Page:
To paraphrase René Magritte, ceci n’est pas un blogue corporate (this is not a corporate blog).
Why do I bring this up? Because today I saw a post by Richard MacManus on ReadWriteWeb entitled “Report: Corporate Blogs Not Trusted” and a similar post by Joe Wilcox about how to “Make Your Corporate Blog Believable“. They cite a report from Forrester that company blogs represent the least trusted information source, down at 16%. Actually, personal blogs don’t fare much better at 18%, but I’d like to use this report as a pretext to talk about what it means to blog as an industry professional.
Frankly, I don’t think corporate blogs, at least as they are conventionally understood, are a good idea. Companies put out press releases that no sane person would trust as an objective information source. A corporate blog is just a repackaging of a press release web page, trying to masquerade as something more hip. I don’t think it fools anyone, and I’m not aware of any corporate blogs other than the Official Google Blog that have significant readership.
Bloggers are people who speak with individual voices. And industry professionals are still people, regardless of their corporate affiliations. I am no more the voice of Endeca’s public relations department than Greg Linden is the voice of Microsoft’s or Matt Cutts the voice of Google’s.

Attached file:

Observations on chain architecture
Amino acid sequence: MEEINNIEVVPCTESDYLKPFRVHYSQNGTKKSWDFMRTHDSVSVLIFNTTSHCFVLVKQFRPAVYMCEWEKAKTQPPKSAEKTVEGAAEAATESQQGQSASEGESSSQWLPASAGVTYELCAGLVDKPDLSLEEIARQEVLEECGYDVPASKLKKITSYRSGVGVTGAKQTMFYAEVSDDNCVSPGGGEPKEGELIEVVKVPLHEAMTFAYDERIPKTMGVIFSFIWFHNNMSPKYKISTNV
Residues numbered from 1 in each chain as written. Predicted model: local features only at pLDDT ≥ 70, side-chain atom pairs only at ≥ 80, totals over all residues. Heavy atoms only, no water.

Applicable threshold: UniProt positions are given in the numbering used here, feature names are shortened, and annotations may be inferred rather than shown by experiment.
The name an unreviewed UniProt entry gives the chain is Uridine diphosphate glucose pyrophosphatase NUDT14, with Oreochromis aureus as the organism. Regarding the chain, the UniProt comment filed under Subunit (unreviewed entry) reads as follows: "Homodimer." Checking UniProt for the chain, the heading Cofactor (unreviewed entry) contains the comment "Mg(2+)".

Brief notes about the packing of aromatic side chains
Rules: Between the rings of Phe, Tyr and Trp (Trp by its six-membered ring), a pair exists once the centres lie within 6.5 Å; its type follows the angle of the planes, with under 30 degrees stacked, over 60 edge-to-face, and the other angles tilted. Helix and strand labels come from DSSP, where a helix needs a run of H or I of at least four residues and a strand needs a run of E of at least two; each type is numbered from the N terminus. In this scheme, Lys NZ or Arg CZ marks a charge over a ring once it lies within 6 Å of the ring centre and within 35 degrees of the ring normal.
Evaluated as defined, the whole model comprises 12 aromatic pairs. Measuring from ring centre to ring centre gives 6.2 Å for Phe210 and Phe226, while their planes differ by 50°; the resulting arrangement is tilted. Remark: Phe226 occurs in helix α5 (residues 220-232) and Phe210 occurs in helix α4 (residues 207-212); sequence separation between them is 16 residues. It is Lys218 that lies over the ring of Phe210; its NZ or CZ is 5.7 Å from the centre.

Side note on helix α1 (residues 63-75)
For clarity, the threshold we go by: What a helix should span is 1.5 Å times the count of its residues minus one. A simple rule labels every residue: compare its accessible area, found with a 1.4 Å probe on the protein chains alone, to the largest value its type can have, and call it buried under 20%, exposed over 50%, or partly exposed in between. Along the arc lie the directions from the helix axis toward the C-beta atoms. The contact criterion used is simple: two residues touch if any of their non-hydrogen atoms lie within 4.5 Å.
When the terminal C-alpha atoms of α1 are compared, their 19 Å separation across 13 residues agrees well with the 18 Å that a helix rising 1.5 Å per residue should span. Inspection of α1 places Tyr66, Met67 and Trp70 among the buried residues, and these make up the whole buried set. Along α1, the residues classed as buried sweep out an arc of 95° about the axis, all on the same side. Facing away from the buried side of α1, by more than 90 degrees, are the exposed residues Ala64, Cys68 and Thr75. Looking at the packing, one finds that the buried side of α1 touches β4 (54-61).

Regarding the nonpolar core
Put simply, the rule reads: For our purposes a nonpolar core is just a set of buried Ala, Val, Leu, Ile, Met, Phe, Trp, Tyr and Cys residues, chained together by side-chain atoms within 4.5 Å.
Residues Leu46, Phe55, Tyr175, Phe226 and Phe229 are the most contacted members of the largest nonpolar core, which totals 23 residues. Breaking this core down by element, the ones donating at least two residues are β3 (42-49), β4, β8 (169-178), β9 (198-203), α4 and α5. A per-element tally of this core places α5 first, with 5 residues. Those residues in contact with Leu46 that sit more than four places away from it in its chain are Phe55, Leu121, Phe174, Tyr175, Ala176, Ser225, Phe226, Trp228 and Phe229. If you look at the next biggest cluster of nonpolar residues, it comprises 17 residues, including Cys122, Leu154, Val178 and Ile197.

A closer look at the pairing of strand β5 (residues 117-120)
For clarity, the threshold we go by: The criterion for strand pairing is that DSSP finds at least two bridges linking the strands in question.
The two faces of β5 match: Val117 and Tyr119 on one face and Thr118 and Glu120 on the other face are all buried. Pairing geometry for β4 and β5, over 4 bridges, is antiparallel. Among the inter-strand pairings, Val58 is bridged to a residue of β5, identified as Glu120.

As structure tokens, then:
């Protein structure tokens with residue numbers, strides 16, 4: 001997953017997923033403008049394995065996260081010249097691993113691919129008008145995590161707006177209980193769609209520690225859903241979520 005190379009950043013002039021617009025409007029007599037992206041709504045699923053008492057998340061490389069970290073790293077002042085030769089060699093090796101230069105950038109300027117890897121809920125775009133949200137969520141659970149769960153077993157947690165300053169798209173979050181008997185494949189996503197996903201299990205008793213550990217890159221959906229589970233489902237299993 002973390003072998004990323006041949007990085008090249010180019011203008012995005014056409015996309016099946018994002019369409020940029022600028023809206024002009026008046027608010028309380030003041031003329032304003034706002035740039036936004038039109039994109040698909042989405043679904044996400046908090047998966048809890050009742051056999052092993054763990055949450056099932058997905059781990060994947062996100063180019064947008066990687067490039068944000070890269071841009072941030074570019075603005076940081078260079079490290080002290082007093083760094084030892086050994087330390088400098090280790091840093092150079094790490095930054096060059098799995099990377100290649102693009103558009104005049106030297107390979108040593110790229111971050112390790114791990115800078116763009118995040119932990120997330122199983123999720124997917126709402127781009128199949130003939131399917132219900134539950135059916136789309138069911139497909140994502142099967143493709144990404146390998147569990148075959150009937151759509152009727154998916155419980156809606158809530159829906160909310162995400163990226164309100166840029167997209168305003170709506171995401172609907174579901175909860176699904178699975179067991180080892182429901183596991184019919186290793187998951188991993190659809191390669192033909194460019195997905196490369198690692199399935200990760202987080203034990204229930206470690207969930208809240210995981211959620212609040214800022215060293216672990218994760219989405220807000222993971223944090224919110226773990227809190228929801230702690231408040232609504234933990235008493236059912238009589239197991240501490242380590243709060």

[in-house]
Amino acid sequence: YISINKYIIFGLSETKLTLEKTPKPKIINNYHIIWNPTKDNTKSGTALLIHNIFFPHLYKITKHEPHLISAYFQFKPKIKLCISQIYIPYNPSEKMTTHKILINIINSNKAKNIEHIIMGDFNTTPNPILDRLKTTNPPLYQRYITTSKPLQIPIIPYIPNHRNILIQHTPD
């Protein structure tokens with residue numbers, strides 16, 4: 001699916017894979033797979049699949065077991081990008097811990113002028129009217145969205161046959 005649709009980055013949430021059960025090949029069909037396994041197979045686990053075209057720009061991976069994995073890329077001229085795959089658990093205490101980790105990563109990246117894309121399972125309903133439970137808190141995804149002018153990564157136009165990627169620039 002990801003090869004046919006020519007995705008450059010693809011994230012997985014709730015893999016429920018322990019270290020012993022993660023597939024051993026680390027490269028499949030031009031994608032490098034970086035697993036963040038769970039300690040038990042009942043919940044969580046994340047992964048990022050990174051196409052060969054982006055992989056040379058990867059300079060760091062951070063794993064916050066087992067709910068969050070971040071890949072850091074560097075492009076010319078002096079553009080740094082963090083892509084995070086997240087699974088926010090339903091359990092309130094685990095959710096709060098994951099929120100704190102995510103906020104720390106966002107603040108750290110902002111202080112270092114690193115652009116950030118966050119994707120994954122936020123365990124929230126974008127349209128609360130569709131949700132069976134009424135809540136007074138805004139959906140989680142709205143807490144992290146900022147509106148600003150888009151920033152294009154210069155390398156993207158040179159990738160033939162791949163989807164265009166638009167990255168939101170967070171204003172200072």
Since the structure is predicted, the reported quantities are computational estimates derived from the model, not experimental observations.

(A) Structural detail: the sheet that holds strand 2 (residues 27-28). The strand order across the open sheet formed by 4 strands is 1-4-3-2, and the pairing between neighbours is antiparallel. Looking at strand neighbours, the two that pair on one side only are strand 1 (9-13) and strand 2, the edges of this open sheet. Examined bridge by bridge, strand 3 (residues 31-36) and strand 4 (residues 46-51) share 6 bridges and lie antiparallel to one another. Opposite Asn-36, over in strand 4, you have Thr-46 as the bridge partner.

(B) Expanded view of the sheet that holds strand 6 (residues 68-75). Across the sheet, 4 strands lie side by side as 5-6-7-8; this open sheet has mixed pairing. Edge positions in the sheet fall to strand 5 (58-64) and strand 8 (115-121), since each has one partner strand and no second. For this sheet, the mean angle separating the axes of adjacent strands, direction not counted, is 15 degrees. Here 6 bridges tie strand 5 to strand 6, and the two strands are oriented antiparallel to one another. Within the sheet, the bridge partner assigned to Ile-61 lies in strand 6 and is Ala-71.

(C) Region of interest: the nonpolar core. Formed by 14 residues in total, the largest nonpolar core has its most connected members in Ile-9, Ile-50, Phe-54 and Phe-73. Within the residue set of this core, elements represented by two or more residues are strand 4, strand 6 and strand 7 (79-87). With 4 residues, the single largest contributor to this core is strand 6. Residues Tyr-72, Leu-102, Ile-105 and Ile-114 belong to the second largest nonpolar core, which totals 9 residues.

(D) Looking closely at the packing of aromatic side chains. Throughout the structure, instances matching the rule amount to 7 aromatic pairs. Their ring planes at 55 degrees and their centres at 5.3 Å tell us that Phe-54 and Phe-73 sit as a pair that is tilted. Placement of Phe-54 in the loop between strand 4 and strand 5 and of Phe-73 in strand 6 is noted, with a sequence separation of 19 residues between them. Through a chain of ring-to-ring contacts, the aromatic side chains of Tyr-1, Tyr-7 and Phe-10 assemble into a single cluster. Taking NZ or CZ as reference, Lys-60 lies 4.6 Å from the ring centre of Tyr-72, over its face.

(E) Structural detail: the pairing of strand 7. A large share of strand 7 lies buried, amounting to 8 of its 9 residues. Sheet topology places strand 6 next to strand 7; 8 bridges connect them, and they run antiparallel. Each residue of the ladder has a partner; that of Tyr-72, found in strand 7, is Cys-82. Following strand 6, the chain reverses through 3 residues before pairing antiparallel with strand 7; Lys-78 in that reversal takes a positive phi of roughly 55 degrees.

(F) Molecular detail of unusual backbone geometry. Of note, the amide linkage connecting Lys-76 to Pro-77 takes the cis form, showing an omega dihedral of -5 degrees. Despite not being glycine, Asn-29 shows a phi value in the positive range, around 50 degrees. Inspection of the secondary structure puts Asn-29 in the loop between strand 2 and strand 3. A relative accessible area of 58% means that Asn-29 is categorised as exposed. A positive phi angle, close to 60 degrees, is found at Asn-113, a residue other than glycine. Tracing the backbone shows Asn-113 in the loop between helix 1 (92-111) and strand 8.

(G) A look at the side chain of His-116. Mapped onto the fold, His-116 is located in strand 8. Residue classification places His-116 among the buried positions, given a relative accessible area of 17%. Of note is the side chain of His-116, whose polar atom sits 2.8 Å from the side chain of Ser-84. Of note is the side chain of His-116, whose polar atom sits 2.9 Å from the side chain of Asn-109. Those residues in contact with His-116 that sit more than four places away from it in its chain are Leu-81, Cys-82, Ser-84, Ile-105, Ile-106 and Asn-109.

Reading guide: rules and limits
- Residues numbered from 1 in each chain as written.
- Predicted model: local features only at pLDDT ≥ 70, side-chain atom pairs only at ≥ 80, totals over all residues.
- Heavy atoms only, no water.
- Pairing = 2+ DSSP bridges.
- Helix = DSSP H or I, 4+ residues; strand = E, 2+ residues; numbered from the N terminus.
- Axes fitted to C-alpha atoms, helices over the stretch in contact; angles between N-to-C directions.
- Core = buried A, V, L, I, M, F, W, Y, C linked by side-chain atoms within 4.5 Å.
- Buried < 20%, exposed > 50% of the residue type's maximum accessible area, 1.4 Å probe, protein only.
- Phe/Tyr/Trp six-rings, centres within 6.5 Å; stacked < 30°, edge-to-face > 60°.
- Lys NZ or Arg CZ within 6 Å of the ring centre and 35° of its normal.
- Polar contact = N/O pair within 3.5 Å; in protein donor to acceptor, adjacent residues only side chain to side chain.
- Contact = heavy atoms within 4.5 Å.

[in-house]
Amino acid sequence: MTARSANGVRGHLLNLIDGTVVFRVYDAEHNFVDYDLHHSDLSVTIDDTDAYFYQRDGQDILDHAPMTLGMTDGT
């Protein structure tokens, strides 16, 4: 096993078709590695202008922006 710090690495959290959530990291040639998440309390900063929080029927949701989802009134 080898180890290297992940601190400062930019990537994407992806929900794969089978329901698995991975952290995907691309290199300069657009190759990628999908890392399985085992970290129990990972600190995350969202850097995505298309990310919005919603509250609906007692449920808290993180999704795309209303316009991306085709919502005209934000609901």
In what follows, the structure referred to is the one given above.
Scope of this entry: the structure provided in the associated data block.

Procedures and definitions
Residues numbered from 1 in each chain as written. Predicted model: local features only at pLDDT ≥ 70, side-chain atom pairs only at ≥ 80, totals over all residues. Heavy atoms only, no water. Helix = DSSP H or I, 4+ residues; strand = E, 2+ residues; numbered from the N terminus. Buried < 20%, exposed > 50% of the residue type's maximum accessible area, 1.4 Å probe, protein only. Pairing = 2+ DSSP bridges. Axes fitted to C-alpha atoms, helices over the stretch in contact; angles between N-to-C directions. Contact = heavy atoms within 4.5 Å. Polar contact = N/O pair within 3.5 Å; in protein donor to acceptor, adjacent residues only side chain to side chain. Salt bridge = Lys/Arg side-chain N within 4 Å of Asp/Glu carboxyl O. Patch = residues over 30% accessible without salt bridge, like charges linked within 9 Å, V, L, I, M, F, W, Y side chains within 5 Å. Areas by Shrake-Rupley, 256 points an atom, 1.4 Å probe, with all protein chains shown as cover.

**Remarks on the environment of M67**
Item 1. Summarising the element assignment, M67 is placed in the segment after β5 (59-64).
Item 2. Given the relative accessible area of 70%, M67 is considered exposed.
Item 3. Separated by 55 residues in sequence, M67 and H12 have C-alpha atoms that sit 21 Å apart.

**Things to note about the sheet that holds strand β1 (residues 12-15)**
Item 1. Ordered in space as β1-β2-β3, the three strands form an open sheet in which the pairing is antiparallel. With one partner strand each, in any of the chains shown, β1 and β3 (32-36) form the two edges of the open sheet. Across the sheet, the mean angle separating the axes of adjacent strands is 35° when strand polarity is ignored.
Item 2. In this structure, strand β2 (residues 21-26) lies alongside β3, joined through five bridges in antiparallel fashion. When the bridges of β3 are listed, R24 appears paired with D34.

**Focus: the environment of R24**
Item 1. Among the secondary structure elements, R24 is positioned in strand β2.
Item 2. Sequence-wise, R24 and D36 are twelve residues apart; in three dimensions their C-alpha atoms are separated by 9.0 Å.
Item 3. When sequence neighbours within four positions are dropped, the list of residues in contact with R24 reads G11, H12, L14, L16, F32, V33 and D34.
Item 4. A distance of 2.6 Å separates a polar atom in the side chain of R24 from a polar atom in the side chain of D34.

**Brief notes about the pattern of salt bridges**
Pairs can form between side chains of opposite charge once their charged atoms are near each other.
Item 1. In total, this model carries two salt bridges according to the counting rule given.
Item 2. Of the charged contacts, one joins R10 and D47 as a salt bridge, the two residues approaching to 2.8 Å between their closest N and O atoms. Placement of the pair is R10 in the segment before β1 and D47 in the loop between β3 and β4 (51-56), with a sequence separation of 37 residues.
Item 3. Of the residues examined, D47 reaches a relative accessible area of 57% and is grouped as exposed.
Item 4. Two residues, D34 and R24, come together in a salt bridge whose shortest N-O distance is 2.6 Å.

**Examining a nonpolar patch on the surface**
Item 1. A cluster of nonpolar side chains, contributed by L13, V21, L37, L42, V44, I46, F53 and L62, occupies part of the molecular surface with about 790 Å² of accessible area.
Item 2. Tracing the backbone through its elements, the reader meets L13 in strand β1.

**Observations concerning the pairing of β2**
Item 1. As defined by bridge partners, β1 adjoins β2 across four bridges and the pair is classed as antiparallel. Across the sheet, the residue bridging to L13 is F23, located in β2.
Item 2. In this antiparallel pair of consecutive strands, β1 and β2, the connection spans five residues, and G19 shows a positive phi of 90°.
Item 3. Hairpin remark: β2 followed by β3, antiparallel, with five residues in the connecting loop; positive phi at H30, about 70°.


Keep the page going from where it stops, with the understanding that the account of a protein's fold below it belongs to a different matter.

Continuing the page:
Of course, I have my point of view, which unsurprisingly has some alignment with my employer’s overall vision. When I advocate for HCIR, I don’t make excuses for the fact that HCIR underlies Endeca’s approach to information access. But I speak as an individual and in my own voice. When I blog, I put my own credibility on the line, and I cultivate a reputation that extends beyond my corporate affiliation.
I think the interesting question for companies is not whether they should publish corporate blogs, but rather whether they should encourage their employees to publish personal blogs that relate to the work the company does. As someone who has been involved in the development of Endeca’s core intellectual property, I understand the reservations that companies have about letting their employees publish. But I think that companies are often too conservative, and incur an enormous opportunity cost in the name of protecting trade secrets. Letting employees blog (and, more generally, publish) not only provides the companies with free marketing, but also provides employees with an avenue for personal development.
I’d be curious to hear perspectives from readers here who work for companies. Perhaps I’m lucky to work for an enlightened employer; do most corporate citizens get the memo from Legal saying that blogging is something only the marketing department should do?